Art & Development, Community

Art and Interaction

In a nice counterpoint to the typical gallery-going experience filled with ho-hum pretty, salable pictures, I had a great weekend that was filled with art as well as experiences, friends and community.

M and I skipped over to San Pablo Ave for Blankspace Gallery‘s annual Holidayland sale. The gallery is set up as an indie mart featuring affordable knickknackery and small works of art, which tends to be more cute and lifestyle-y than my tastes in art usually run, but perfectly appropriate for gift-giving. I thought Misako Inaoka‘s small guoache paintings on paper were extremely great values. M beamed–he’s always happy to support small businesses in Oakland. We really appreciated Blankspace’s reasonable prices and community-minded partnerships (such as the photo diorama, whose proceeds will be donated to art in Oakland schools).

After a gut-busting stop at Juan’s Place in West Berkeley, we wobbled up San Pablo to the Pacific Basin building to catch the end of Ice on the High, a series of feral experimental events organized by Kim Anno, Maggie Foster, and Aida Gamez. After watching video projections on empty storefront windows, the chilly air lent us the nerve to try the door to an darkened, empty storefront. To great relief, this led us to a sublime installation of mylar and sundry scraps of digital light in the back of the unfinished space, and on to open studios. Kim’s studio was thoroughly engaging, for her gorgeous paintings on aluminum (recently on view at Patricia Sweetow Gallery) as well as her newest work in a wholly different media. We were ushered back to the unfinished storefront for a live video and sound performance. M gamely looked and listened, and I found my brain responding to the Cagean sounds with the unselfconscious unfolding unique to attentive listening. I missed Joshua Churchill‘s performance, so I’ll have to make a point to stop in to his show at NOMA Gallery off SF’s Union Square.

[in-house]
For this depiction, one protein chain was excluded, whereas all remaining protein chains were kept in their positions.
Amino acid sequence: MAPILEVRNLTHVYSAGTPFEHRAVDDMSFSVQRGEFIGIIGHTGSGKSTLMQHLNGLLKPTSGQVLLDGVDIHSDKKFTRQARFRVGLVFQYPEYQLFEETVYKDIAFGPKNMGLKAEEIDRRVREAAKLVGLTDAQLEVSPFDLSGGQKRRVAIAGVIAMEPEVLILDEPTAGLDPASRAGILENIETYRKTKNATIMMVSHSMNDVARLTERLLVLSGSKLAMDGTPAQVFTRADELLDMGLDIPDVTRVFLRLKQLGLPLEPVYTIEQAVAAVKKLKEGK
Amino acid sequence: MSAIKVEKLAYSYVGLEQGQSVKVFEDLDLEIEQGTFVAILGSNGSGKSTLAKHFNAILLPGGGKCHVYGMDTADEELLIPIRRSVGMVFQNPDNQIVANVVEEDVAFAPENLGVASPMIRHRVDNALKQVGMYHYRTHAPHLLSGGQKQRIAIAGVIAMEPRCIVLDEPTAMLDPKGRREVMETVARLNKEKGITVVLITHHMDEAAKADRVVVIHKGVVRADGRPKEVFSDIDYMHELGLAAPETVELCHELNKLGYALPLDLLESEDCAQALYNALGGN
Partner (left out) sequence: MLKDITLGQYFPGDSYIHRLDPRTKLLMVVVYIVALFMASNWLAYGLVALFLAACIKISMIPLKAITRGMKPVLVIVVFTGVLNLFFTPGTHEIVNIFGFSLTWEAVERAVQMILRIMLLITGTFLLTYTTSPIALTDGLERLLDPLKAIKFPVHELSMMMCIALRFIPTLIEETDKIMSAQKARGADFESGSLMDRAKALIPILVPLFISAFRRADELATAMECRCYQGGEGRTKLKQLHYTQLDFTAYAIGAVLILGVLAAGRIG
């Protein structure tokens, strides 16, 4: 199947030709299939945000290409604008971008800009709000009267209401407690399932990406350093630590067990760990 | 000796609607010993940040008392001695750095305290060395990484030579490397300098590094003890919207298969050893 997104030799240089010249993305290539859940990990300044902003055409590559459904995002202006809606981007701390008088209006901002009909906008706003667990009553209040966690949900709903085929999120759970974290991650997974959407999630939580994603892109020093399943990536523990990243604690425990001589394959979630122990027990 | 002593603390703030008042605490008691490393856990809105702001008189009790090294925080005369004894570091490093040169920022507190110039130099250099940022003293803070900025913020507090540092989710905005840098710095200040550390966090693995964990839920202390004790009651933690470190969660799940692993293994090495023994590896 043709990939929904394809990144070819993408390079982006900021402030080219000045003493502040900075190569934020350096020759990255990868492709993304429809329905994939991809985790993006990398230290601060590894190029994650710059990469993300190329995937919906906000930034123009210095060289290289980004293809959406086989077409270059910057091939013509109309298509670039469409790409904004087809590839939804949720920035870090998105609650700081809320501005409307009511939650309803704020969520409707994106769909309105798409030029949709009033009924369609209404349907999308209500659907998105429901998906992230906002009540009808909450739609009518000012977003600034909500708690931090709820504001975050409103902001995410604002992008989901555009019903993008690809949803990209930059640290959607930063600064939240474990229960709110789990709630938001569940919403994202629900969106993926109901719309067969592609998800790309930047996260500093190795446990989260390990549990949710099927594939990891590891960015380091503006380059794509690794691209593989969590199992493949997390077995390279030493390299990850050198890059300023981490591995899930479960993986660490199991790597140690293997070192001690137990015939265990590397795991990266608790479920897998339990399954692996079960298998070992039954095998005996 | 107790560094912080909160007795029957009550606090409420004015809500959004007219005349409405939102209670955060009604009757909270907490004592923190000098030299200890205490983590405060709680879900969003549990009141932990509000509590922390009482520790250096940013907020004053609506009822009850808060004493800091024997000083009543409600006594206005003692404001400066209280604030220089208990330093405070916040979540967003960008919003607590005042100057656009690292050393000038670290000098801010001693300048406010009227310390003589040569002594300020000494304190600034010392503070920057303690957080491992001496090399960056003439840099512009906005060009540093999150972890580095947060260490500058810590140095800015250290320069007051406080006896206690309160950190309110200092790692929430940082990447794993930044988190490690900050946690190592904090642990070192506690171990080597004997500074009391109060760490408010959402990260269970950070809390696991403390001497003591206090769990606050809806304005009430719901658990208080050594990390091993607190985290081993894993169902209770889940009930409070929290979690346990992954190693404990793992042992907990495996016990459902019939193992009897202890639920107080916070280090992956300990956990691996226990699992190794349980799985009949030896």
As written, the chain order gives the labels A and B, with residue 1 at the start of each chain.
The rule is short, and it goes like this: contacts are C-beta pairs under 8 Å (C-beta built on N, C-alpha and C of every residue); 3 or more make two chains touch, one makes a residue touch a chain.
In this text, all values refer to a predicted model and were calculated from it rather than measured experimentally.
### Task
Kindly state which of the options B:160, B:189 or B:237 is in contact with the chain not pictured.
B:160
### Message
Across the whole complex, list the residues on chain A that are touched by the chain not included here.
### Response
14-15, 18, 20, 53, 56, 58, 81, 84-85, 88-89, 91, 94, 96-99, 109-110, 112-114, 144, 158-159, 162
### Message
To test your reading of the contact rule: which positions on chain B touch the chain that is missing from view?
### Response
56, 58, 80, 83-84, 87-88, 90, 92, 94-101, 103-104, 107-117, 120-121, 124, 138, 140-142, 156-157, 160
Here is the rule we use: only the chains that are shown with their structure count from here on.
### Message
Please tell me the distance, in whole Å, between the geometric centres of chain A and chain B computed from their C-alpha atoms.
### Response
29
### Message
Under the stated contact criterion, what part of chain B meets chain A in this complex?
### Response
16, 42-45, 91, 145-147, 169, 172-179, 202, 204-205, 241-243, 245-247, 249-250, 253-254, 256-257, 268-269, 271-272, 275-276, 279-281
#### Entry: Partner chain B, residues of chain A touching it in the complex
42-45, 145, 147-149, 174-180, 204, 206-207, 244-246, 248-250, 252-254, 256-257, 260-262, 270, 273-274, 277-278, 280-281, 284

The next day I popped in to David Cunningham Projects for Jigsawmentallama, a group exhibition featuring contemporary San Francisco artists as well as emerging and established international artists. I like DCP for its local/international blend and conceptual/installation/video/performance bent, so I was saddened to hear that the shop is closing and this will be the last exhibition. DCP’s going out with a bang-on show, however.

There’s a selection wall works — including San Francisco-based artist Keith Boadwee‘s beautifully produced, seemingly improvised, visceral photographs exploring the potential of fruit for torture — and some fantastic prismatic Polaroids (look for a witty one of Buckminster Fuller). The show includes an impressive number of videos for such a compact space; many of them trade in psychedelic imagery, but the space doesn’t feel overpowering. Skye Thorstenson‘s high-wattage overdose of color via found footage was installed precisely on a vintage television facing a corner; in effect, it is an exercise in tolerance under a barrage of sound and grotesque pop imagery. I also enjoyed Ireland-based artist Austin McQuinn‘s video in the far back viewing room. In it, a man donning a goofy primate mask mixes clay on a kitchen table, sculpting mountains and finally a ‘man’ in his own image. The kicker is the grandiose orchestral soundtrack, a stark contrast to the video’s poor production quality. I think most artists recognize the implicit egotism in our creative acts; McQuinn’s parody captures this feeling that the artistic act is both slightly supernatural and yet somewhat fraudulent. Don’t miss the installation hidden behind black felt by Swedish, Berlin-based artist Sonja Nilsson. I don’t want to ruin the surprise, but I will say that it’s got a pop song, hologram-like effects and a (literally) stunning surprise.

Finally, I also went to Exercises in Seeing, a exhibition to which I contributed a new work, curated by the Post Brothers at Queen’s Nails Project. The premise of the show was unusual — it was a one-night only exhibition held in the dark with 31 local and international artists. The event was spirited, experimental and experiential. I enjoyed watching visitors make their way into the dark, and explore the show as their eyes adjusted. The rules of standard operating procedure had been thrown out; many visitors were liberated to touch and smell the works, while others forged into the darkness with their cellphones held out aloft, both examining and determining worth of examination within milliseconds. Visitors were meant to explore the exhibition with the aid of an audio guide, written in characteristically speculative high style by David Buuck. The audio guide lent much desired in-“sight” to the works on display to me. It’s a pity that more viewers did not take advantage of it in the venue’s party atmosphere, but it’s not too late to download the audio guide and take an audio/visual(ized) journey.